Lilan Bowden Breaks Through With Disney’s ‘Andi Mack’

For Lilan Bowden, being a part of Disney’s “Andi Mack” feels like she hit the jackpot.

“I was living a really fruitful life and knew as long as I was consistently acting and creating, I was going to be fine,” Bowden, who plays Bex Mack on the show, said. “And then this happened and it’s just more exciting than I could’ve imagined.”

Bowden, who was born and raised in Castro Valley, California, to a Taiwanese mother and American father, graduated from UC Irvine’s drama department and has her roots in comedy, doing regular performances at the Upright Citizens Brigade (UCB) comedy theater in Los Angeles and writing sketch comedy for Funny Or Die.

In 2017, “Andi Mack” ranked No. 1 among TV series for girls aged 6-11, 9-14 and 6-14. Since its debut last year, it’s featured the network’s first Asian American family; introduced the network’s first LGBTQ storyline; and through Bowden’s Bex, cast a light on a young mom trying to figure out motherhood and unplanned pregnancy.

How do you feel being a part of Disney and a show that centers around an Asian American family?

I feel like I hit the jackpot! It’s a part that I really like and it’s with a channel that’s trying to do new and exciting things. It’s so exciting to be a part of a female dominant cast that is an Asian American family and doesn’t fit the model minority. If I was going to be a part of any kid’s show, this is the one I want to be a part of.

How do you feel you relate to Bex, and what do you bring to her character?

When I got the sides for Bex, it felt super natural to say them. There’s some auditions you get the audition material and go, “Okay, I’m gonna have to really work on this to try to understand this character.” There was none of that for Bex.

I get her jokes, I get what she’s trying to do here, I get her whole deal. She’s a little sarcastic, she’s a little self-deprecating, and she celebrates her imperfectness. At the same time, it’s cool to be able to live this fantasy — I don’t really know how to ride a motorcycle — but I get to play this tough kid who’s been out by herself. Who knows what she’s seen or what she’s done, but she’s seriously independent and I love that confidence and carefreeness that comes with it.

How is it working with your co-stars Peyton Elizabeth Lee and Lauren Tom?

What’s really exciting is that there’s three generations of female Asian actors, so we get to compare experiences and talk about what it’s been like for the three of us. Gauging from the conversations that the three of us have had, it seems like things are getting better. I feel I don’t have the same type of challenges that Lauren had, and hopefully Peyton will be able to not go through the same type of challenges that I felt like I had when I first started out in Hollywood acting and being pigeon-holed in certain things.

What message do you hope people gain from watching Bex?

What’s great about Bex is that I feel like a lot of moms around the world have this relief because they get to see a character that is well-meaning and plays the role of mom on TV, but she’s learning how to be one. I think that really speaks to moms who feel like there’s this expectation from society or their kids that they have to be perfect and they have to not make any mistakes while they’re parenting. You see Bex and she’s throwing herself at the wall sometimes! She’s really learning and you get to live through her unique challenges of owning the role of mom.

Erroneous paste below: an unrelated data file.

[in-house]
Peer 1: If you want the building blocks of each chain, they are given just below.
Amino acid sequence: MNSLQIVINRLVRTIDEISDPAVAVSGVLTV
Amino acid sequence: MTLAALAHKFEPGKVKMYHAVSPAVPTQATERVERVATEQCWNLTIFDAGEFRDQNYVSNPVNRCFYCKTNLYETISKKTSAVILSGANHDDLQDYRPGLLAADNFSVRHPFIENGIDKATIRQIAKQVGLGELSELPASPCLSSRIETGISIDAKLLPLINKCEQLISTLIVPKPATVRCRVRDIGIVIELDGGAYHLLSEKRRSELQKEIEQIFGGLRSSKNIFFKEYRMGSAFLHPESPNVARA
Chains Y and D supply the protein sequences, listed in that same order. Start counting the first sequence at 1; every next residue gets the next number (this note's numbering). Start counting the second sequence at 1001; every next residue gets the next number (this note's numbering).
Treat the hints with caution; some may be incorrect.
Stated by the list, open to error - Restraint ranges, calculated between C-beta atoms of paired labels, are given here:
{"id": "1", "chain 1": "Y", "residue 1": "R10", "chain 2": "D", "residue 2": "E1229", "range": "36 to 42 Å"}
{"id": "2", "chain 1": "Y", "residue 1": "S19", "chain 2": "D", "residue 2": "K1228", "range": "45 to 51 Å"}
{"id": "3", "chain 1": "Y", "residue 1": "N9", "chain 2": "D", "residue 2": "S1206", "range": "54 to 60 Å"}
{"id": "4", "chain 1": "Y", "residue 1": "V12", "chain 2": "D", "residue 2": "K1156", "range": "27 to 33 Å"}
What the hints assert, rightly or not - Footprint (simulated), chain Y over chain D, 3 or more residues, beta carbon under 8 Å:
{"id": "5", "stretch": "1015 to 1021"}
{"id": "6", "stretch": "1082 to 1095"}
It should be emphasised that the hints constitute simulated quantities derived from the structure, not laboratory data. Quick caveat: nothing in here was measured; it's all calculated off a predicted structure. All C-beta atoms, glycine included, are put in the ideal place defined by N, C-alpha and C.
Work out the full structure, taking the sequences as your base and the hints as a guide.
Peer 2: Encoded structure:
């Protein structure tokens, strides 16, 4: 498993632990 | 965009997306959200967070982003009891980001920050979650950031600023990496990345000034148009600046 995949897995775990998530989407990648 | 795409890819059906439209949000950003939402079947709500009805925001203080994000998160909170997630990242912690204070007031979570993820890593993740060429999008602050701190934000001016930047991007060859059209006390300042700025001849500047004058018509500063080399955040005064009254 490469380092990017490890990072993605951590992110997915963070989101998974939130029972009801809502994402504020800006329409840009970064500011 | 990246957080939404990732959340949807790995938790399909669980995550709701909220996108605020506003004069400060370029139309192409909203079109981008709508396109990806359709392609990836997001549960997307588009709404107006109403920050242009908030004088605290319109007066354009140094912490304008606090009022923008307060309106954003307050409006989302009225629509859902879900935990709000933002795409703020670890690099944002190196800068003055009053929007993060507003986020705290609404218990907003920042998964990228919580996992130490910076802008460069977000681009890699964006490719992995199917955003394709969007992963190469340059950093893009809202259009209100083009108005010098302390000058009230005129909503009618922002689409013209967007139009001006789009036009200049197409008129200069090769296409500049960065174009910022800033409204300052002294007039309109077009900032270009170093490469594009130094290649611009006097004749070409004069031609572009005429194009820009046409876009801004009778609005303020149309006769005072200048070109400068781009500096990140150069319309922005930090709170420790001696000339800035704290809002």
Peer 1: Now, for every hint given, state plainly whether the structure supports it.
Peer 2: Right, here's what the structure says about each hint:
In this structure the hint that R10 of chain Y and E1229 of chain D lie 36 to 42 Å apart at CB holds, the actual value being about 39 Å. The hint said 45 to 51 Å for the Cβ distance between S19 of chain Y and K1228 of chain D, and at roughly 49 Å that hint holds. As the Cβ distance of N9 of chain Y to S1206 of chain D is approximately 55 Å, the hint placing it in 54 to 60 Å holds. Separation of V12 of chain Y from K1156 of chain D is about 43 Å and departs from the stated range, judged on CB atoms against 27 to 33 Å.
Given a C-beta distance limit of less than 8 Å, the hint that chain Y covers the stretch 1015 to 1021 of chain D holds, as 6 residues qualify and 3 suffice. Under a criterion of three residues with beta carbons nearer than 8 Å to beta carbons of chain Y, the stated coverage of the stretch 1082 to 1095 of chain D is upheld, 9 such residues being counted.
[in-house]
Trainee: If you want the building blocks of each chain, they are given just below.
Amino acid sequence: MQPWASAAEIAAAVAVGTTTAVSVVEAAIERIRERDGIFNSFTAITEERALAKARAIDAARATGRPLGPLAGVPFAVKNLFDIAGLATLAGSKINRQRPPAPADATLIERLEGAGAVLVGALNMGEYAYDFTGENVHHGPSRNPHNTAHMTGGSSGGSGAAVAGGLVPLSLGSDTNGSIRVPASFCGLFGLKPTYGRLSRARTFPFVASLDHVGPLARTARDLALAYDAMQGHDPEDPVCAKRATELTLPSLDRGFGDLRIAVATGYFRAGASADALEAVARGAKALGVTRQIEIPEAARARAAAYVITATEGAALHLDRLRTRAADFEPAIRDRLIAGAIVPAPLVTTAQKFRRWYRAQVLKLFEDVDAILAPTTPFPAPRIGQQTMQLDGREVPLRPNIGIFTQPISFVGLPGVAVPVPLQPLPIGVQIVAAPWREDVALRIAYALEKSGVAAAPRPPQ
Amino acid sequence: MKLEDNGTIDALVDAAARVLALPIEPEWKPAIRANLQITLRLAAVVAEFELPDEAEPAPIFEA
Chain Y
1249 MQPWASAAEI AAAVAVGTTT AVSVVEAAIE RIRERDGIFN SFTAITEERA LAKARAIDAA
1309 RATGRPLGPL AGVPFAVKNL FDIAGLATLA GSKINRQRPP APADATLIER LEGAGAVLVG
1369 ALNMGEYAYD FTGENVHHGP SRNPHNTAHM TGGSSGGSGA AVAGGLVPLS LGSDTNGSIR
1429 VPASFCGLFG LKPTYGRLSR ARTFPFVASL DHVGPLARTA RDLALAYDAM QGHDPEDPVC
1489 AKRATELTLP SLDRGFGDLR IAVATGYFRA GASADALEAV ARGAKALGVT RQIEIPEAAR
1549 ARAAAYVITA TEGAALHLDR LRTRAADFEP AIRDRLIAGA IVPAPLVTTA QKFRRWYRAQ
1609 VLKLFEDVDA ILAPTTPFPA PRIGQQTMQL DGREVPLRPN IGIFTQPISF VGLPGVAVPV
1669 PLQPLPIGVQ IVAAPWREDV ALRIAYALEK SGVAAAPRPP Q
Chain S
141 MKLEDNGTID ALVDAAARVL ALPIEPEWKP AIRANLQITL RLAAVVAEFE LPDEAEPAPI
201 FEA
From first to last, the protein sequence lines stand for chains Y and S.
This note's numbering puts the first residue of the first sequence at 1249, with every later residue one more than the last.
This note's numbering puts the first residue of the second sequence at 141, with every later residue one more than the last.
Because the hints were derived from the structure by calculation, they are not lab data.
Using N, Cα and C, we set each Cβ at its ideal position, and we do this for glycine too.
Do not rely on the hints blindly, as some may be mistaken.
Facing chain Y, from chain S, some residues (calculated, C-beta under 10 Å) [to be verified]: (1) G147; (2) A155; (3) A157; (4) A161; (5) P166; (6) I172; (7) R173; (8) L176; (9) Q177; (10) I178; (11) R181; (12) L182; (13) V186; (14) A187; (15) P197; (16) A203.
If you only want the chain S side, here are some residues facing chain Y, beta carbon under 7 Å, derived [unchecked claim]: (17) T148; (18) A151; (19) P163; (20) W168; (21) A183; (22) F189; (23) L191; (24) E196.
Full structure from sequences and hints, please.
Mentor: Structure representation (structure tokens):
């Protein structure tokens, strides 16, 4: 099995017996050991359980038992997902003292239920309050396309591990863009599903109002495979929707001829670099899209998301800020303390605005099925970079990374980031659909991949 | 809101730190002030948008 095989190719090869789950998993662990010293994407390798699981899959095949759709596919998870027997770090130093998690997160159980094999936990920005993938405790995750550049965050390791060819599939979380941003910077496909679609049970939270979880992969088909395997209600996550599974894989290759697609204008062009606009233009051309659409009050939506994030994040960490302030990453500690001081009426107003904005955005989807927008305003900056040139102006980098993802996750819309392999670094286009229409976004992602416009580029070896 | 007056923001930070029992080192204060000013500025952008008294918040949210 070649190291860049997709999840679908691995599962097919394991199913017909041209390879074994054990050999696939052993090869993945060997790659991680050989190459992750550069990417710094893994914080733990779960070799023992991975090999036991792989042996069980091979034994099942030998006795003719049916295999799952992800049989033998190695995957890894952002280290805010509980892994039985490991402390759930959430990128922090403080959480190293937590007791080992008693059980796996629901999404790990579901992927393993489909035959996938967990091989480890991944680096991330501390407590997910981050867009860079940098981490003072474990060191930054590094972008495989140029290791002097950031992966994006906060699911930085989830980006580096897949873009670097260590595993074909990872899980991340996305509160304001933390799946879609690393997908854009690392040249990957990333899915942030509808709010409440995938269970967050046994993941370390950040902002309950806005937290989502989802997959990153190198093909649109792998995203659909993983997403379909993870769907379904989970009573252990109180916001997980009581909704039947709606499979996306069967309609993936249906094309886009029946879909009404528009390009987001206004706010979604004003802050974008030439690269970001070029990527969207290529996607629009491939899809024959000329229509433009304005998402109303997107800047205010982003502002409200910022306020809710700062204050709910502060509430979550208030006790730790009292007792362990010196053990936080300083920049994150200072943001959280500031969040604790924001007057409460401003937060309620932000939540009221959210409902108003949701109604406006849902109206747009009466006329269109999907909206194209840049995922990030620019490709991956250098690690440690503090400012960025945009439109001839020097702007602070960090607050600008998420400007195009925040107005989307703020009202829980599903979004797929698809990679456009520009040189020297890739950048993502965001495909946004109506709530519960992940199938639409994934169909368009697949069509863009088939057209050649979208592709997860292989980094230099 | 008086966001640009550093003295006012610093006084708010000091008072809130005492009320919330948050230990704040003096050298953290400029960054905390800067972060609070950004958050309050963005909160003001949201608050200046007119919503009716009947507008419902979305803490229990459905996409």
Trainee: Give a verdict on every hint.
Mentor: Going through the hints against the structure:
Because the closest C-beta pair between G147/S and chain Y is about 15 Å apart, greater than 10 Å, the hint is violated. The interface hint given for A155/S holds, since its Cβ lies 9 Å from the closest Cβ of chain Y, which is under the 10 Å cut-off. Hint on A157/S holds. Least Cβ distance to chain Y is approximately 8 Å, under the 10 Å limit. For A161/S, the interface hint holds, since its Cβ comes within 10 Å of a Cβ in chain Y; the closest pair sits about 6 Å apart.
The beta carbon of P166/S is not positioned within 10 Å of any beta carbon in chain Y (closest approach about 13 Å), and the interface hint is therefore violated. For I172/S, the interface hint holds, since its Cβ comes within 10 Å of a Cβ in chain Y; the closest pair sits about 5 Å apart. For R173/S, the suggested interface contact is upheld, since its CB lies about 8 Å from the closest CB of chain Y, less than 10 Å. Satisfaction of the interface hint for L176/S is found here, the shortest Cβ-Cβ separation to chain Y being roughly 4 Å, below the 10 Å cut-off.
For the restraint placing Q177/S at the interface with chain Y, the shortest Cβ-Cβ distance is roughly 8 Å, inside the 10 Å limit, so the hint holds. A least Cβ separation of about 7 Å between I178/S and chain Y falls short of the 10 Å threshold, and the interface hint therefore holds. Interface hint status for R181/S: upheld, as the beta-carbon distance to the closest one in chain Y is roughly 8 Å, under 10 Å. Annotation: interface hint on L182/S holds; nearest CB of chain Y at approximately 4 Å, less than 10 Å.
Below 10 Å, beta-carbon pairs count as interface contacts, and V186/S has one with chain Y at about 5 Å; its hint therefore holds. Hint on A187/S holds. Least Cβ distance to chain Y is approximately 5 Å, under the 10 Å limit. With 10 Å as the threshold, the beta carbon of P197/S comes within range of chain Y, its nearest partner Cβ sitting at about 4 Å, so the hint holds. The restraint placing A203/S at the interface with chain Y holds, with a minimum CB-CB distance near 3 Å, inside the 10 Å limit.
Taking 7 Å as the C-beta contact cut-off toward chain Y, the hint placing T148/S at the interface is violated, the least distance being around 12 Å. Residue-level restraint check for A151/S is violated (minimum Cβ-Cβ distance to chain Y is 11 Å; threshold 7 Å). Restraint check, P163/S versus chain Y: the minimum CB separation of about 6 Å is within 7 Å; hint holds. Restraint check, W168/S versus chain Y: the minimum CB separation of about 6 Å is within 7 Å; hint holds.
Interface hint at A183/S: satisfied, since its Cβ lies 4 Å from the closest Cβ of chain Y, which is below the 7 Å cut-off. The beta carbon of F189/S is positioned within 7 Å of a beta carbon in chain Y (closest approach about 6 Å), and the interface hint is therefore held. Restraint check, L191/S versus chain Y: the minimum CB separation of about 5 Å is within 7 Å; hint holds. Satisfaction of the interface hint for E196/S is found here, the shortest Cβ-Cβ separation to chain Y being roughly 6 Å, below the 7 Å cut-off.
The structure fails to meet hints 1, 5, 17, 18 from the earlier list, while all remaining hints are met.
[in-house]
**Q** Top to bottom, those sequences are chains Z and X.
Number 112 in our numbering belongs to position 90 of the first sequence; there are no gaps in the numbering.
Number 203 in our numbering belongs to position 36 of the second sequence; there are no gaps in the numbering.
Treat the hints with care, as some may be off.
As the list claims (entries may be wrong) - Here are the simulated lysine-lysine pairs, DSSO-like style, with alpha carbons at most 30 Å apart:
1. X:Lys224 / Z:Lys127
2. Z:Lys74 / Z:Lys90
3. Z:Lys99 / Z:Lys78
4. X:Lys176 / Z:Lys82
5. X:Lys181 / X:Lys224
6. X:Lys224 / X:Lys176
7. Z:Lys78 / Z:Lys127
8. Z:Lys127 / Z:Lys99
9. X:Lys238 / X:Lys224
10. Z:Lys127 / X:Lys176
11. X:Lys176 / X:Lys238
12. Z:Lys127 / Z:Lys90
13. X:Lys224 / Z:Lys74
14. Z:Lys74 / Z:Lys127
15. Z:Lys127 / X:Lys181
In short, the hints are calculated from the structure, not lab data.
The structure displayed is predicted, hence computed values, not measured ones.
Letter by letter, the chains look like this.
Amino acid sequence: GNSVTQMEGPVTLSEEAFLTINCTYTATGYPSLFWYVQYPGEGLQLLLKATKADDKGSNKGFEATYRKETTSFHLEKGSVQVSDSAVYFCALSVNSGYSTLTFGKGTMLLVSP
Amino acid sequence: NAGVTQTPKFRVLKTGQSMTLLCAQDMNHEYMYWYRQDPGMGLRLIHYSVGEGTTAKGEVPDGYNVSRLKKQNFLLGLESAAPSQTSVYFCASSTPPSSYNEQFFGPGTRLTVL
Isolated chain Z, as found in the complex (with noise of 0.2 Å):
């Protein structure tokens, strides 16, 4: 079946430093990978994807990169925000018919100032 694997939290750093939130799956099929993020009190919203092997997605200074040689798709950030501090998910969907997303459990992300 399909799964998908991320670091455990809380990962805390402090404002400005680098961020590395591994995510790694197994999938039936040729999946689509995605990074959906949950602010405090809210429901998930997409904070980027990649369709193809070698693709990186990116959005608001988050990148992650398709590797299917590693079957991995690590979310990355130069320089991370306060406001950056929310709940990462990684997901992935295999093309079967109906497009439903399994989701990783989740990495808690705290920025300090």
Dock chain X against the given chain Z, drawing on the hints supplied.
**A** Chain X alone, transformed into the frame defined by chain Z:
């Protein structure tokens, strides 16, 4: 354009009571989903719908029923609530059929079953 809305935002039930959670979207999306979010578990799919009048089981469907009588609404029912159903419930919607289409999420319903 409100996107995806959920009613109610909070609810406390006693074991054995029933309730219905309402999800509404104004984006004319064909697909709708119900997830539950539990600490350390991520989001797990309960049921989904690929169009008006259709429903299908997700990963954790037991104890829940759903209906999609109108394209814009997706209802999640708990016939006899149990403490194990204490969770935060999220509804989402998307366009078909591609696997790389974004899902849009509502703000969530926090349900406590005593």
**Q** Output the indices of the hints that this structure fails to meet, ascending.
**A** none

What were some of the things you experienced as an actress going out for roles in Hollywood?

I feel like my look and what I could bring set me at a really nice spot to play, broadly speaking, “ethnic best friend.” A lot of the roles I went out for that I was booking were comedic or some ethnicity because I think that was a model that Hollywood was using a lot to cast TV shows — where you’d have a lead that would most often times be Caucasian, and then you want to have some diversity so you bring in people who are specifically diverse. I feel like that was definitely a wheelhouse that I was a big part of.

[Sometimes] I was not Asian-looking enough for the Asian role … “Andi Mack” allows me to be exactly what I am, a biracial Asian American. Usually they’re pushing me in one direction or another because you just don’t see a lot of biracial families on TV.

What do you think is one of the most valuable things you’ve learned in this industry?

One of the most important things I’ve learned pursuing this career is, at the end of the day, it’s persistence, not talent. I feel like that’s true from what I’ve seen, from where I was when I started and who I was around and the people who I felt were going to be successful versus the people that actually did. Talent is important — you know you can’t suck — but for the people that I thought were just wildly talented, if they weren’t able to pick themselves back up and get back in the game again and again and again, they would have a much harder time of locking in anything career-wise, versus the people who maybe didn’t show that initial promise right out the gate.

I feel like that’s true for me too. I feel like I had a small amount of talent and a big passion and drive and I wasn’t interested in spending my time doing anything else. I feel very lucky that it’s paid off in some ways.

The show is currently airing its second season. Watch the teaser below: